Similarly, even warrantless searches of parolees have been held to be permissible, particularly where such searches have been agreed to as a condition of parole. See, Sampson v. California, 547 U.S. 843, 848 (2006) (“Under our general Fourth Amendment approach we examine the totality of the circumstances to determine whether a search is reasonable within the meaning of the Fourth Amendment . . . .”) In Sampson, the Court found that, on the continuum of state-imposed punishments, “parolees have fewer expectations of privacy than probationers, because parole is more akin to imprisonment than probation is to imprisonment.” Id. at 850; see also United States v. Stewart, 213 Fed. Appx. 898, 899 (11th Cir. 2007).
A person’s status as an out-of-state offender does not mean that such person possesses no constitutional rights. Offenders may have some minimum rights of due process in limited circumstances. For example, in Browning v Mich. Dept. of Corr., the court held that equal protection rights would be violated if a “dead time” statute were construed so that a person paroled out-of-state was not given credit on his original sentence for time served after his parole and while in prison in other states based on subsequent convictions in those other states. 188 N.W.2d 552, 556 (Mich. 1971) In that case, a parolee, as a result of the imprisonment in Georgia and in Illinois, had accumulated “dead time” totaling nearly 8 years, which was not credited to his Michigan sentence. Id. at 553. Noting that the legislature intended for a parole violator to serve sentences concurrently, the court held that in the event of a parole violation, the time from the date of the parolee's delinquency to the date of his arrest should not be counted as any part of the time to be served. Id. at 555. However, the court also concluded that a prisoner who is paroled out of state and who subsequently violates parole by committing an offense in another state, does not have his dead time end until declared available by the other state for return to Michigan. Id. at 556. The court declared that if construed to operate in this manner, the “dead time” statute not only violated the requirement that consecutive sentences be based upon express statutory provisions, but also invidiously sub-classified an out-of-state parolee solely upon the basis of geography and constituted a violation of equal protection guaranties. Id.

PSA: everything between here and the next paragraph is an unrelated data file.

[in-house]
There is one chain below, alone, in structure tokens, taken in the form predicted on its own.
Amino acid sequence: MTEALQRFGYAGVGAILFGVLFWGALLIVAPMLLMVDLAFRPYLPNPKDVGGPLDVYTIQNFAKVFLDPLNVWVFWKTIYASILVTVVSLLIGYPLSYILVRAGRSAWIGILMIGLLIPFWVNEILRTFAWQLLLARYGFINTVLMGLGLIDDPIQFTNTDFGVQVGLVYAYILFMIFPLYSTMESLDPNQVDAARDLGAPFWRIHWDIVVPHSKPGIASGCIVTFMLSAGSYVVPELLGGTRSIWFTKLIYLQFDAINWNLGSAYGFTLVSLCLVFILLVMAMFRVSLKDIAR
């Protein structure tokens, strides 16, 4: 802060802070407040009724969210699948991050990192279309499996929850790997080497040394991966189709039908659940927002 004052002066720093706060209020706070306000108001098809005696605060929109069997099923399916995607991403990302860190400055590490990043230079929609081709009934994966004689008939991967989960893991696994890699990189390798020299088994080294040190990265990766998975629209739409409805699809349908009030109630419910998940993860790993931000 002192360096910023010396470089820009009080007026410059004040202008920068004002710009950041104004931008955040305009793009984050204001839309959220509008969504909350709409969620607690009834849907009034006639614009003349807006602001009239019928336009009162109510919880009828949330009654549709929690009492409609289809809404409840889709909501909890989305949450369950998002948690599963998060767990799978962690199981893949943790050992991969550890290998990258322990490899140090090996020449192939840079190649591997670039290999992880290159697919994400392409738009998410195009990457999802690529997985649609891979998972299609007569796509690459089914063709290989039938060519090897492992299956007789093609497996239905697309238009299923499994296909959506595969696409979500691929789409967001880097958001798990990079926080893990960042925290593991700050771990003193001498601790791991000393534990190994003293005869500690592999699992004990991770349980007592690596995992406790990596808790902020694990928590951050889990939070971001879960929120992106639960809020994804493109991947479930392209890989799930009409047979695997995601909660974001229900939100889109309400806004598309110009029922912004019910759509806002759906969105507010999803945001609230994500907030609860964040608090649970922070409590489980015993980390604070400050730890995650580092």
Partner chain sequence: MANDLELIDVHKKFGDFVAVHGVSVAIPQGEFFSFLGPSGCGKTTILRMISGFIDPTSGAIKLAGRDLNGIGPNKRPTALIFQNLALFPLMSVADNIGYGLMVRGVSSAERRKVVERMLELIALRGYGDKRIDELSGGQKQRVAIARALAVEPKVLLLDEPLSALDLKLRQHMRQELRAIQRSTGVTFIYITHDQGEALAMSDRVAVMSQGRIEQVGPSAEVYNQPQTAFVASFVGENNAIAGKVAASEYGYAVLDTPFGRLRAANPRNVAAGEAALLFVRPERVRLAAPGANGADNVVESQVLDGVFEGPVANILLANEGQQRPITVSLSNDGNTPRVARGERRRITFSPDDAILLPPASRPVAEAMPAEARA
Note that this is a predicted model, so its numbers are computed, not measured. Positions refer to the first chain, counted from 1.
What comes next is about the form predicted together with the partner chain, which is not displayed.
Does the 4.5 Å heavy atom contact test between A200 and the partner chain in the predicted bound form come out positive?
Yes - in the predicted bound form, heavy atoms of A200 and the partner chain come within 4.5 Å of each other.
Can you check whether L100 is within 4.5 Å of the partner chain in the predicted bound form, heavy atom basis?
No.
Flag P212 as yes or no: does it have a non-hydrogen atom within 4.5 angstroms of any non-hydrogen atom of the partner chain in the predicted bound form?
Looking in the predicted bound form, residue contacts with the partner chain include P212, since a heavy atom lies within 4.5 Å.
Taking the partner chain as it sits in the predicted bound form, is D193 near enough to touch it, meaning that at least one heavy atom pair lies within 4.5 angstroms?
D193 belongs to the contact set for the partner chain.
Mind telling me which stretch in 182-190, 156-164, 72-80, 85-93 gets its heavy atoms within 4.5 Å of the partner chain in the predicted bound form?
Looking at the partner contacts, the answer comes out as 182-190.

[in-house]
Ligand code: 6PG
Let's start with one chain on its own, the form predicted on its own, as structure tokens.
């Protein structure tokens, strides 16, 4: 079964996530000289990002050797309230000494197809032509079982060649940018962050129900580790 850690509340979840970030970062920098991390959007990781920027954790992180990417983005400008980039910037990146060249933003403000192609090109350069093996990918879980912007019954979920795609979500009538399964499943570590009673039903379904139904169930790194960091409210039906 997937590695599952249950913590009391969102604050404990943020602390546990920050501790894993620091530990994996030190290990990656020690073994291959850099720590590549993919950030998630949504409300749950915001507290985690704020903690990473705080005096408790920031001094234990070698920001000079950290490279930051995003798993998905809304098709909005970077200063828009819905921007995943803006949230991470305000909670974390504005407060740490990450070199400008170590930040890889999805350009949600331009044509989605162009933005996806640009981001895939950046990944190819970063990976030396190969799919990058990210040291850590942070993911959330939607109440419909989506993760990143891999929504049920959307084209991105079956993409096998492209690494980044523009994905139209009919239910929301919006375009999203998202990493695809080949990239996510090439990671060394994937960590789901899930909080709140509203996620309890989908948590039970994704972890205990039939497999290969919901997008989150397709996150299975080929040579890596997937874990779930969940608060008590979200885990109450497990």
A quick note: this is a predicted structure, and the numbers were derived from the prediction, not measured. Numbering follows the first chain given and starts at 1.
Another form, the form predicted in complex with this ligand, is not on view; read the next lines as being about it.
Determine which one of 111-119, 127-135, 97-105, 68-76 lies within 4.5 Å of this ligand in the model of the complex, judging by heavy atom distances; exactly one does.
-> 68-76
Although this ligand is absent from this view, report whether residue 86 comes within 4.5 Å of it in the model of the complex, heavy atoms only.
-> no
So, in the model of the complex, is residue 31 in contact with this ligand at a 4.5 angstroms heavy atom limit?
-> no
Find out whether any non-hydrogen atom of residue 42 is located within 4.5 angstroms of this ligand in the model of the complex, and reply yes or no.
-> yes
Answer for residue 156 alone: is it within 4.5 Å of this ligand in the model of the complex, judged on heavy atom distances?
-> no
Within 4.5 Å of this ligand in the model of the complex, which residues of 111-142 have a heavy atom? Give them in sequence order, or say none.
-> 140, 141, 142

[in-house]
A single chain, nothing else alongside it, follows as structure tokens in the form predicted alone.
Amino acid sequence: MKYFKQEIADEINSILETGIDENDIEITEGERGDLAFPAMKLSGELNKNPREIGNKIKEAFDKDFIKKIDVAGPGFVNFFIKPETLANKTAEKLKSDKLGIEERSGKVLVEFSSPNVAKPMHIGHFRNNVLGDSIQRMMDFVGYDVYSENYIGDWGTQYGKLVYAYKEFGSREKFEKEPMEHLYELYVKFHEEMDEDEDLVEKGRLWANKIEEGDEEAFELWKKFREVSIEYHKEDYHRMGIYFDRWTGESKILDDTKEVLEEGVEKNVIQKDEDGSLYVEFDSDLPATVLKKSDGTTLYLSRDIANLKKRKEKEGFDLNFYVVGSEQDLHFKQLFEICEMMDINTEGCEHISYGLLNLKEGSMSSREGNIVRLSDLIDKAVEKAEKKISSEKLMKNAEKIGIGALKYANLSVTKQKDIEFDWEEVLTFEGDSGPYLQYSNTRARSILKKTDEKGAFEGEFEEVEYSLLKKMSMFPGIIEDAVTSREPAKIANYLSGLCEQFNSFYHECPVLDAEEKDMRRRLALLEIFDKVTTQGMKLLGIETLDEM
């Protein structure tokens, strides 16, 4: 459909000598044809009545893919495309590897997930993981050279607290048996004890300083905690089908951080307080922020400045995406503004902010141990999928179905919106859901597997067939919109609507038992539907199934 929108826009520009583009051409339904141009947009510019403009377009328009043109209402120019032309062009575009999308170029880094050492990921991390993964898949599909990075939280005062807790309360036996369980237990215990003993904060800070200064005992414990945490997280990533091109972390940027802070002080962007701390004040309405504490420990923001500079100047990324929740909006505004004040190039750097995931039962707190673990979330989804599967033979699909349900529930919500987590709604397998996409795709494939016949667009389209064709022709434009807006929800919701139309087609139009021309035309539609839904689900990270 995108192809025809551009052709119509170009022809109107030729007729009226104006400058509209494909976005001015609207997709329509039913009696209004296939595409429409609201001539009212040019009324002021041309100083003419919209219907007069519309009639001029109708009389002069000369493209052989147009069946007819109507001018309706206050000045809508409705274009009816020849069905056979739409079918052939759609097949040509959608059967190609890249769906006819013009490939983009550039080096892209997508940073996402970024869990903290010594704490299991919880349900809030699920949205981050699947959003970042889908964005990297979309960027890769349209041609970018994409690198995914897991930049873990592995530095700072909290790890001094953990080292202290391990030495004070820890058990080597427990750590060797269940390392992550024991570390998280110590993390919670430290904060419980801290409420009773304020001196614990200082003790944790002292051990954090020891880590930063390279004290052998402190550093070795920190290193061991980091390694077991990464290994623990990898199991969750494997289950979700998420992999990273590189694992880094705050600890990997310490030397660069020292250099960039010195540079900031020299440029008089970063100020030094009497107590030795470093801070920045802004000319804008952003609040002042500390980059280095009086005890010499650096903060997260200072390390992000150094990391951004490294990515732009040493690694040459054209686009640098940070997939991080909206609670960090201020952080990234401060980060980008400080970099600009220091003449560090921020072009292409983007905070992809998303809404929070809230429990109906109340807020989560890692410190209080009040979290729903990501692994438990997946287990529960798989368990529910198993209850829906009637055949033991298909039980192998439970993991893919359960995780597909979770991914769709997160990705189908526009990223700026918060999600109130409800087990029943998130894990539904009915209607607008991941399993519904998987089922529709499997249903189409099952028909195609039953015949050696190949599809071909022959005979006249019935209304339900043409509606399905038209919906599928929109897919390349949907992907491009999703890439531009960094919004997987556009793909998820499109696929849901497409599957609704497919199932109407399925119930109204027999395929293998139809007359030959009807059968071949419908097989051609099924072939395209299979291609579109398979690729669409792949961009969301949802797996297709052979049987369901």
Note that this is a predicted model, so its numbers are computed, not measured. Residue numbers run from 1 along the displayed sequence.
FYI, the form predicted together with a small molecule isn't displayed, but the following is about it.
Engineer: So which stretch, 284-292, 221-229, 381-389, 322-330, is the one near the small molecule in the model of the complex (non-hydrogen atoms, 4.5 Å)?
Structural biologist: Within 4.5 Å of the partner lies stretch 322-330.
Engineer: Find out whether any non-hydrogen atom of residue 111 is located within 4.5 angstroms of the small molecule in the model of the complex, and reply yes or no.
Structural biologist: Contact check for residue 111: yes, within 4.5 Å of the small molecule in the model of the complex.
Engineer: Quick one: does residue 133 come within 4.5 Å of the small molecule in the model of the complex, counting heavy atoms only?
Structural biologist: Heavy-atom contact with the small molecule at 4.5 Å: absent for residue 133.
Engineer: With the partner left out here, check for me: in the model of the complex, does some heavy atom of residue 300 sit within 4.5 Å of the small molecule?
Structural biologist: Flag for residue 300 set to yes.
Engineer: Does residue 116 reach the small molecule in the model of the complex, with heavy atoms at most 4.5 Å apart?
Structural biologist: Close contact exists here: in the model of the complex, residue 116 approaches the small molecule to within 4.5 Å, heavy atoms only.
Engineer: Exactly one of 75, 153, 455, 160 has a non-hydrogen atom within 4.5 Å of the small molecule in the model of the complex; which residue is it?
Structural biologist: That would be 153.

As discussed in section 2.1.3, supra, because no meaningful distinction between juveniles and adults existed at the time of the drafting of the Constitution, federal criminal law did not formally recognize a special status for juveniles. This was the case until the Federal Juvenile Delinquency Act of 1938 was adopted. Prior to that time, juvenile criminal offenders were subject to prosecution in the same manner as adults. As a consequence of this constitutional and legislative history, neither the constitutional provisions nor statutes governing extradition appear to make a special exception for juveniles.